|Wealth and Worry|
|Key Words||Interest Rates, Aggregate Consumption, Inflation, Economic Growth|
The impact of an increase in interest rates on aggregate consumption is negative. Consumers generally reduce their purchases of durable goods, like automobiles and homes, which are generally financed over time. For more and more individuals, rising interest rates can affect their consumption through change in their wealth.
The Federal Reserve has raised interest rates twice this year and many investors believe it is likely that it will increase rates again. As rates rise, stocks become less attractive investments, since the rate of return on bonds rises and is relatively safe. As stocks become less attractive, individuals want less of them and stock prices may fall. This fear of interest rate increases is especially strong in high-technology companies whose prices have soared in recent years.
Interest rates started to increase even before the Federal Reserve approved two quarter-point increases in June and August. These rate increases were the result of an increase in the demand for investment capital stemming from the recovery of the Asian economies. The continued strong economic growth in the U.S. was also a contributing factor, as concern about inflation increased. The yield on 30-year Treasury bonds increased to 6.26 percent recently, a 26 percent rise from December's rate of 4.96 percent. Other interest rates have followed. The rate on a 30-year fixed mortgage is now about 7.8 percent, an increase of a full percentage point since last year.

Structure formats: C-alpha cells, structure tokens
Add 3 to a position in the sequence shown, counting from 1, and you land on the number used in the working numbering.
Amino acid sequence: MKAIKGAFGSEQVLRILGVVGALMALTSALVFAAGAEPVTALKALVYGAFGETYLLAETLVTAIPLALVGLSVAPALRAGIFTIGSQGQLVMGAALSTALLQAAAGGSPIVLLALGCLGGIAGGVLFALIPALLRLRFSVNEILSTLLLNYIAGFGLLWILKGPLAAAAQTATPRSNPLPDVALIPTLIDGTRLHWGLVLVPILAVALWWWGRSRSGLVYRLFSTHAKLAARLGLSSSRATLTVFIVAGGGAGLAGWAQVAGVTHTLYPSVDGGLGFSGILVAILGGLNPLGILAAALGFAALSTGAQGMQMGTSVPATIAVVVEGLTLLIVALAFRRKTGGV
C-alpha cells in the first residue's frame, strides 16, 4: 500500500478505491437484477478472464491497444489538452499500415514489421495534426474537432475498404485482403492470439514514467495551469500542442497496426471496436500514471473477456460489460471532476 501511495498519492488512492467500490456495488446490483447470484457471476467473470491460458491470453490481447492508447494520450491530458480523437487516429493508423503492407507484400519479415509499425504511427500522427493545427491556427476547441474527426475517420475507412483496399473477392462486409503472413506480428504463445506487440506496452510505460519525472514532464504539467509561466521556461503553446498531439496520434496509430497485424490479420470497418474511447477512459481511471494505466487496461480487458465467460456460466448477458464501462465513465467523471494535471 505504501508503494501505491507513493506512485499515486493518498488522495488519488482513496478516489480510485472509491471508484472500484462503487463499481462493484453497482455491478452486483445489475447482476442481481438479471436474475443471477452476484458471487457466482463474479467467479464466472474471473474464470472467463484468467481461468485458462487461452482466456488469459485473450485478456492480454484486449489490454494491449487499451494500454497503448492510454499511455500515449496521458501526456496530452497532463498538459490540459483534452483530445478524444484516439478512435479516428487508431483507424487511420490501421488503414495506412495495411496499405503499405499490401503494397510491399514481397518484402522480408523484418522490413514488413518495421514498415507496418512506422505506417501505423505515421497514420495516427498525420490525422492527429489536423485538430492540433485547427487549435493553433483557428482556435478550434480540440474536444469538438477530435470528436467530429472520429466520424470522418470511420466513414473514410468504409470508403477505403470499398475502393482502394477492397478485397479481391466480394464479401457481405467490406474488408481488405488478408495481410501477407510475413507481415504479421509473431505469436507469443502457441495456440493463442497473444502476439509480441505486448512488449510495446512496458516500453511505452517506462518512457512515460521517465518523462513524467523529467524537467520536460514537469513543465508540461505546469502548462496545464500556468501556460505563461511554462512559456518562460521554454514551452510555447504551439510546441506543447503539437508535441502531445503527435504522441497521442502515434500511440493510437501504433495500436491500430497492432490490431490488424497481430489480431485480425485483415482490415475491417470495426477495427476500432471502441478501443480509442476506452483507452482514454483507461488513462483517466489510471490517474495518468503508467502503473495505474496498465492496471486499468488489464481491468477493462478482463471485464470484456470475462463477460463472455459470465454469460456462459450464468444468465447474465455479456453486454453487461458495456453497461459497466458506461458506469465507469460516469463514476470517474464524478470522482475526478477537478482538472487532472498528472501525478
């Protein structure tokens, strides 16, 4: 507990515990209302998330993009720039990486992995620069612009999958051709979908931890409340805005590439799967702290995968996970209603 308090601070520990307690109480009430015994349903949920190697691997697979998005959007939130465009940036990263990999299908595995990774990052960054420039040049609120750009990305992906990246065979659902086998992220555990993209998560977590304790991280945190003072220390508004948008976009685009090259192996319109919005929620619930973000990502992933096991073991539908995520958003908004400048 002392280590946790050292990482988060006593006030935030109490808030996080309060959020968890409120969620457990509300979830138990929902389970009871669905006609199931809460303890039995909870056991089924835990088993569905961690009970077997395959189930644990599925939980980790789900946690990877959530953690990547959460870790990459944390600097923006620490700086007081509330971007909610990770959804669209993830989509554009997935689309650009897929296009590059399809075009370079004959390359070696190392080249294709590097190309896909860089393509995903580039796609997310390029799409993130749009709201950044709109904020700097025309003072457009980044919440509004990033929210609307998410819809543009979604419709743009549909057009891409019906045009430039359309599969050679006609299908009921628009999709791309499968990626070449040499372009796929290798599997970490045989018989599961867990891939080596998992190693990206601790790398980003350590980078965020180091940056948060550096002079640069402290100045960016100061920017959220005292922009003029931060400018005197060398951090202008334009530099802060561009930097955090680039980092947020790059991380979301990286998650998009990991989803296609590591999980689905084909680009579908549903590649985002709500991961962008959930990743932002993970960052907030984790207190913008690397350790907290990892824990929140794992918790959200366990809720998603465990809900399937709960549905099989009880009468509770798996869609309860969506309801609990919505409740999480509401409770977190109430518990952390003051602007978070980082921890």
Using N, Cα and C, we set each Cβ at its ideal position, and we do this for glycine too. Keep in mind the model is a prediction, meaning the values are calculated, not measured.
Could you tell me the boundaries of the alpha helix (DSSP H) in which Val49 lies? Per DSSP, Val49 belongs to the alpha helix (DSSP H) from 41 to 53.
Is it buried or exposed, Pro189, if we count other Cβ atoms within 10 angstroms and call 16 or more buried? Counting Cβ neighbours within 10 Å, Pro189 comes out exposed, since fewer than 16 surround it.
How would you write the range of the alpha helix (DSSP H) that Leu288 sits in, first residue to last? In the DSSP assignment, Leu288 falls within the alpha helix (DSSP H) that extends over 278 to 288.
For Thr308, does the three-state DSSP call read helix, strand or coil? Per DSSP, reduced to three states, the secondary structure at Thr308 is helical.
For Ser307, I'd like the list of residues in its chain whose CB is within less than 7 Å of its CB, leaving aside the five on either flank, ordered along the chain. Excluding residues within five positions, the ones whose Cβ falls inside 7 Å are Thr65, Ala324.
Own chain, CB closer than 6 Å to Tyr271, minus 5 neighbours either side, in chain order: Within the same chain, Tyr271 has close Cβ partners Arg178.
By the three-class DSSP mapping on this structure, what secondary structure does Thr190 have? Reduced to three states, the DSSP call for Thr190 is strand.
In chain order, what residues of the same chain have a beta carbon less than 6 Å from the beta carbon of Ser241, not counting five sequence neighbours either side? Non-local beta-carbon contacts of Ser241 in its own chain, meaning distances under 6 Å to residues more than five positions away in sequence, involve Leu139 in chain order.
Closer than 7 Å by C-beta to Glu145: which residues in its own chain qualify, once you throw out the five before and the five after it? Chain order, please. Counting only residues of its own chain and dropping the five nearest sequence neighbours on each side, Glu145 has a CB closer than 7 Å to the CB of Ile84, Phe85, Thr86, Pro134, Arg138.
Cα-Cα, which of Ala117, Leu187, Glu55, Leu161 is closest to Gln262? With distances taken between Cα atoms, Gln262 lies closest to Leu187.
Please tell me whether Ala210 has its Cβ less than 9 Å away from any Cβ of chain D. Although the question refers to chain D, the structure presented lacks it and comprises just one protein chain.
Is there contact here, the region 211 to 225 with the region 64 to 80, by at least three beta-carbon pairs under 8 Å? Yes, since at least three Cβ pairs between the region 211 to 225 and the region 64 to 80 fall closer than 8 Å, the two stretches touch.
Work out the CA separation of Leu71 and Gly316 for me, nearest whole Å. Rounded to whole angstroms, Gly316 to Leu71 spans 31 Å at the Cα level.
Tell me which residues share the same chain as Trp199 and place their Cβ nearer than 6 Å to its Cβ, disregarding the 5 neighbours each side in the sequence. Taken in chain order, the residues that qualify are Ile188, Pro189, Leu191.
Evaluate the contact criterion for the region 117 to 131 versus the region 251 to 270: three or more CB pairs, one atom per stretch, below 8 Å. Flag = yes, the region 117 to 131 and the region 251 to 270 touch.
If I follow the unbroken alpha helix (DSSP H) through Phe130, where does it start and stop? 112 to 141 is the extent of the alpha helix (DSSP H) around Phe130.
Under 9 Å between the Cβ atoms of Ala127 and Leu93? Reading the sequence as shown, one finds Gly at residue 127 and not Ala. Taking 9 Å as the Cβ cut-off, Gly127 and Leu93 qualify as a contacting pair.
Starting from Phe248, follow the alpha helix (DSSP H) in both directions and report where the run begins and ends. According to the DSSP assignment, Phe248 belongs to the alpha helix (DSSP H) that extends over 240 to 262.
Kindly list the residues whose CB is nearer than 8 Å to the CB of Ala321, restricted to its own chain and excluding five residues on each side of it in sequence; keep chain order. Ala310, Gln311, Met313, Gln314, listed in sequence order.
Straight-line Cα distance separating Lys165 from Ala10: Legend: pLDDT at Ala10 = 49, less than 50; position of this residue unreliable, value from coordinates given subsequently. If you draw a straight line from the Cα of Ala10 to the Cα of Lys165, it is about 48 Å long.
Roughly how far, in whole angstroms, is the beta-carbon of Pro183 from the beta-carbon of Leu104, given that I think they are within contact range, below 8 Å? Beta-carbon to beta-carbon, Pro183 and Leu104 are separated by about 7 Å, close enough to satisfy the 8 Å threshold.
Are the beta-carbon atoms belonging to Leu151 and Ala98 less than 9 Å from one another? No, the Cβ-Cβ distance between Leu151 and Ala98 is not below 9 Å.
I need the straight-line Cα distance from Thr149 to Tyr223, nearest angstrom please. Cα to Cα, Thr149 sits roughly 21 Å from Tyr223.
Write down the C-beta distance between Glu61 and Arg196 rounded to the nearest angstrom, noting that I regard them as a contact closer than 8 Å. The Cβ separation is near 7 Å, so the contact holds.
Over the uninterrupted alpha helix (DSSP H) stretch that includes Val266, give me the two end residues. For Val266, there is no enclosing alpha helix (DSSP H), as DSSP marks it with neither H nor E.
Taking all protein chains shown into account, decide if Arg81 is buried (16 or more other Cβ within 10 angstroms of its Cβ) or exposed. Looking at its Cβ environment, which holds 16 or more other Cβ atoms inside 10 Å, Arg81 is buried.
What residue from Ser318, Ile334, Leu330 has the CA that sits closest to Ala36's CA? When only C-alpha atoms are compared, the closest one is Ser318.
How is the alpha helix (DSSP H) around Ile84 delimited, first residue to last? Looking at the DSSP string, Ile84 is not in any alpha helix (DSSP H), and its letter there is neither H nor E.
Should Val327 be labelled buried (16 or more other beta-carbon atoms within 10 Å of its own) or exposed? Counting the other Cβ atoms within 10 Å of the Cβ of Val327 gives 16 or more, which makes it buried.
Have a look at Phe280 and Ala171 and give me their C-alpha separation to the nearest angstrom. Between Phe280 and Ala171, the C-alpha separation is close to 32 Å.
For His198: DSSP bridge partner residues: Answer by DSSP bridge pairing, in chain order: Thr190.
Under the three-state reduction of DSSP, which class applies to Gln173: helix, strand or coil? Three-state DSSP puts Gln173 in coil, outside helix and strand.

The economic boom of the last few years has been consumer driven, aided by the tremendous increase in wealth resulting from the increase in the price of stocks. If interest rates rise and stock prices weaken, the wealth effect can cause consumers to cut their consumption and sell their stocks.
(Updated December 1, 1999)
|Source||George Hagar, "Investors Start Taking Stock of Their Fears", The Washington Post, October 16, 1999.|
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